* The starch. Using rice or potato avoids the trouble of making a white sauce or an egg yolk-cream liaison to thicken the soup. Some vegetables -- especially acid ones such as tomato -- go better with rice, others potato, but either will do. Macaroni or other pasta also works. If after puree'ing you find the soup too thin, you can always simmer it a while (uncovered) to thicken, or add another potato or tablespoon of rice, simmer for 20 minutes or so and puree again. The extra reduction will only help concentrate flavors.

* The liquid. Chicken stock adds flavor and richness and is especially good if you plan to serve hot soup. Rich, homemade chicken stock, however, becomes gelatinous as it cools and makes cold soups too thick and stiff. A combination of stock and water, or water alone, seems to work best for cold soups. Canned chicken stock, or that made from bouillon cubes, will not become gelatinous. On the other hand, both of these are far removed from the real thing.

This is a good time to use that extra broth from recipes you've made which said, "save the broth for soups." Meat broths most commonly add flavor to soups, but vegetable broths, which contain some vitamins, are also appropriate. Use strong broths for substantial soups, however, being careful not to mix broth from cooking cauliflower as a base for delicate cream of cucumber soup.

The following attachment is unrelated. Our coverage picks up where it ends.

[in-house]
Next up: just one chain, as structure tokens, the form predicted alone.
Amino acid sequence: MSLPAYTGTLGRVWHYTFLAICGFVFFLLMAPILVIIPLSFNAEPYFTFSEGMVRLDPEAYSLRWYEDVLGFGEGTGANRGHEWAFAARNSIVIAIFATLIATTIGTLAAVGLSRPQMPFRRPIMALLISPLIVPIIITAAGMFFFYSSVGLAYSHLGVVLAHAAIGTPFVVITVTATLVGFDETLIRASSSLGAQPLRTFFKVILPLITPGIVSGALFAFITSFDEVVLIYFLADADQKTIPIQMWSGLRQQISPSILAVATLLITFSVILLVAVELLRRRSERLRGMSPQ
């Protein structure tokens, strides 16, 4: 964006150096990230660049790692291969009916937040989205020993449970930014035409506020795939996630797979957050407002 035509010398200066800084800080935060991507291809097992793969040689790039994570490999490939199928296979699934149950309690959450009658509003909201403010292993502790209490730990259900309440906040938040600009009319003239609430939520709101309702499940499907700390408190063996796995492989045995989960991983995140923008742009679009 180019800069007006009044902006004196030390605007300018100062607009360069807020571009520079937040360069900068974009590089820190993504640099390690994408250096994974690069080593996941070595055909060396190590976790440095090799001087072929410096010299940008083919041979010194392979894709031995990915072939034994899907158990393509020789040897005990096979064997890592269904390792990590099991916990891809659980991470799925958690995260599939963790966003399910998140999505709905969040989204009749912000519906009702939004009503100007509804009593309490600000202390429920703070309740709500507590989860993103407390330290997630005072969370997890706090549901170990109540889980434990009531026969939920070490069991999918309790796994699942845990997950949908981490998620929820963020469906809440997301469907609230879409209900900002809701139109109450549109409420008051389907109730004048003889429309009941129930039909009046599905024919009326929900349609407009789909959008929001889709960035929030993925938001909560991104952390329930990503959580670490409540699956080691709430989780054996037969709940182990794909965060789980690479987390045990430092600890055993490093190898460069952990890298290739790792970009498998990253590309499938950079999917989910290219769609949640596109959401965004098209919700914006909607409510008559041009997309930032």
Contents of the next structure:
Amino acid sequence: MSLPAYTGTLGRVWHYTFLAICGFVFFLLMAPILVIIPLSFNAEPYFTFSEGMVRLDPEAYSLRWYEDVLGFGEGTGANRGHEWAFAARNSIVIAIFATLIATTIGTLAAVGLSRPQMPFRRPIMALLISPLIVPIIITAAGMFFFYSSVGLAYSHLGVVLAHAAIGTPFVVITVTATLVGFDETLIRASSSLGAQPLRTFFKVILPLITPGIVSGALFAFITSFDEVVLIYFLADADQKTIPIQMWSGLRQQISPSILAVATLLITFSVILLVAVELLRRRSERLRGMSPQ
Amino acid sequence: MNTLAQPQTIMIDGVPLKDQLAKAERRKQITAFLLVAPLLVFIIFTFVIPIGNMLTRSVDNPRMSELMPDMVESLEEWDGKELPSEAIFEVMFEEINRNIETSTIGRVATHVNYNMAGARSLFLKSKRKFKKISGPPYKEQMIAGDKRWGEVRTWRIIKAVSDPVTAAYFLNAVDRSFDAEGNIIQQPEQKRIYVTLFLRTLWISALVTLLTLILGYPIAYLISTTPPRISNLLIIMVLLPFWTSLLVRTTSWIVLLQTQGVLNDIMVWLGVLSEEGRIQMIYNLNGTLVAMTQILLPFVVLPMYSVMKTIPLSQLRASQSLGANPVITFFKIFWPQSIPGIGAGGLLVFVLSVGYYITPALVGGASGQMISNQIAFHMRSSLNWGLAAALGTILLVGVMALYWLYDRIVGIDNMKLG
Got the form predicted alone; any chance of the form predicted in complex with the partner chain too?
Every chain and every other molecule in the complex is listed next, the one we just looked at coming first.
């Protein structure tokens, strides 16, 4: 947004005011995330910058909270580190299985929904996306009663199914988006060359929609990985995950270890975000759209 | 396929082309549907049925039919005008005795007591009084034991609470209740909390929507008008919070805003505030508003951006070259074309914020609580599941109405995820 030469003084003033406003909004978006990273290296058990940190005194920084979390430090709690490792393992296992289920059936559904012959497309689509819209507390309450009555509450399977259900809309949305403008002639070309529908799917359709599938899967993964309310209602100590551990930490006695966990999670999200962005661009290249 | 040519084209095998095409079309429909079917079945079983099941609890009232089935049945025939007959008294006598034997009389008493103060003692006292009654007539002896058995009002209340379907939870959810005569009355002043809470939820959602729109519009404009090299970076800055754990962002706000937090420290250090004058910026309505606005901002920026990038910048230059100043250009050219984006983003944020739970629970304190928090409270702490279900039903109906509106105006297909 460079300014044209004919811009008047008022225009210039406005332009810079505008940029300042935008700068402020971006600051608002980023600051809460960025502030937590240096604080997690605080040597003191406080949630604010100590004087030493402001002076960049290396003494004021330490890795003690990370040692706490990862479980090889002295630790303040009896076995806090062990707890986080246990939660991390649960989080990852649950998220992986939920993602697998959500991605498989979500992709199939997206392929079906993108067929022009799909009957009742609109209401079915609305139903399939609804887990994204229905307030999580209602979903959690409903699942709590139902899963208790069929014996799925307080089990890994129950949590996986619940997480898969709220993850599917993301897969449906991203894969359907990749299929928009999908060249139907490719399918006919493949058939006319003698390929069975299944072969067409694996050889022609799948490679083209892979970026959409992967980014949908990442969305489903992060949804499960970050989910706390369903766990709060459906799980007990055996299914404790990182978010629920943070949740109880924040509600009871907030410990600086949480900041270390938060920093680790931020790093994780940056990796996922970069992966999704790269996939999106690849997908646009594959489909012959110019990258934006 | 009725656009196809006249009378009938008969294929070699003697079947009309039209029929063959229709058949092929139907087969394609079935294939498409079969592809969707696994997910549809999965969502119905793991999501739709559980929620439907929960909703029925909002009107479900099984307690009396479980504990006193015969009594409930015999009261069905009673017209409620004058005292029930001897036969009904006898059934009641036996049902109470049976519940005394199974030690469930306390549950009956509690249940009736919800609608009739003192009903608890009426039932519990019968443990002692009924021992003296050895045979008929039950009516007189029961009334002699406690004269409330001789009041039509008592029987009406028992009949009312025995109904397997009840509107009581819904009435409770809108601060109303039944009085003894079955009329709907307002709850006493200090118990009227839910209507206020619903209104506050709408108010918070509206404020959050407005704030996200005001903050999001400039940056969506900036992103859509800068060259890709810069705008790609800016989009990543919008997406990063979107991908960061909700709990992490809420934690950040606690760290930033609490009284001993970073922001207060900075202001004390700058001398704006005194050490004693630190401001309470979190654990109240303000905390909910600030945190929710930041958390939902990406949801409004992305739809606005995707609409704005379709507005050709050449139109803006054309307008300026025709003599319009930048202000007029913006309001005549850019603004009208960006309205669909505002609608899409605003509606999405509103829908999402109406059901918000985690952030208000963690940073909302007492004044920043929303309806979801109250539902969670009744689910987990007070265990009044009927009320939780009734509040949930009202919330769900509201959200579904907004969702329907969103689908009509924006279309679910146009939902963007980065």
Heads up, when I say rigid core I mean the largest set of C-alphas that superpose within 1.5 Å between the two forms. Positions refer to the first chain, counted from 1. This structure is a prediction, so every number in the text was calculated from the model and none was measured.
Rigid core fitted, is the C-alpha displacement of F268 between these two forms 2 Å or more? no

Some vegetables such as cucumbers and tomatoes contain lots of water, and the water content of vegetables generally varies according to how rainy the growing season was. Thus it's better to add the minimum amount of liquid first and adjust later with water, stock or milk.

* The seasonings. When a soup needs something extra, remember nutmeg, ground red pepper, celery seed, dry or prepared mustard, and -- best of all -- fresh herbs, which add not only flavor but also color. Keep in mind that cold soups require more seasoning than hot.

* The pureeing. Using a food mill eliminates the necessity for peeling vegetables such as tomatoes and allows the cook to squeeze the flavor out of ingredients while leaving their tough or stringy qualities behind. If you use a blender or food processor for pure'eing, you might want to strain the soup afterward to remove errant strings.

* The enrichment. Use milk, cream, creme fra iche', yogurt, sour cream or butter. (Use butter only if the soup will be served hot.) These are added after pure'eing, when you have tasted your soup and decided how you feel about it. Some soups, such as cold cucumber, seem to need heavy cream, which adds richness without masking the suave flavor of the cucumbers.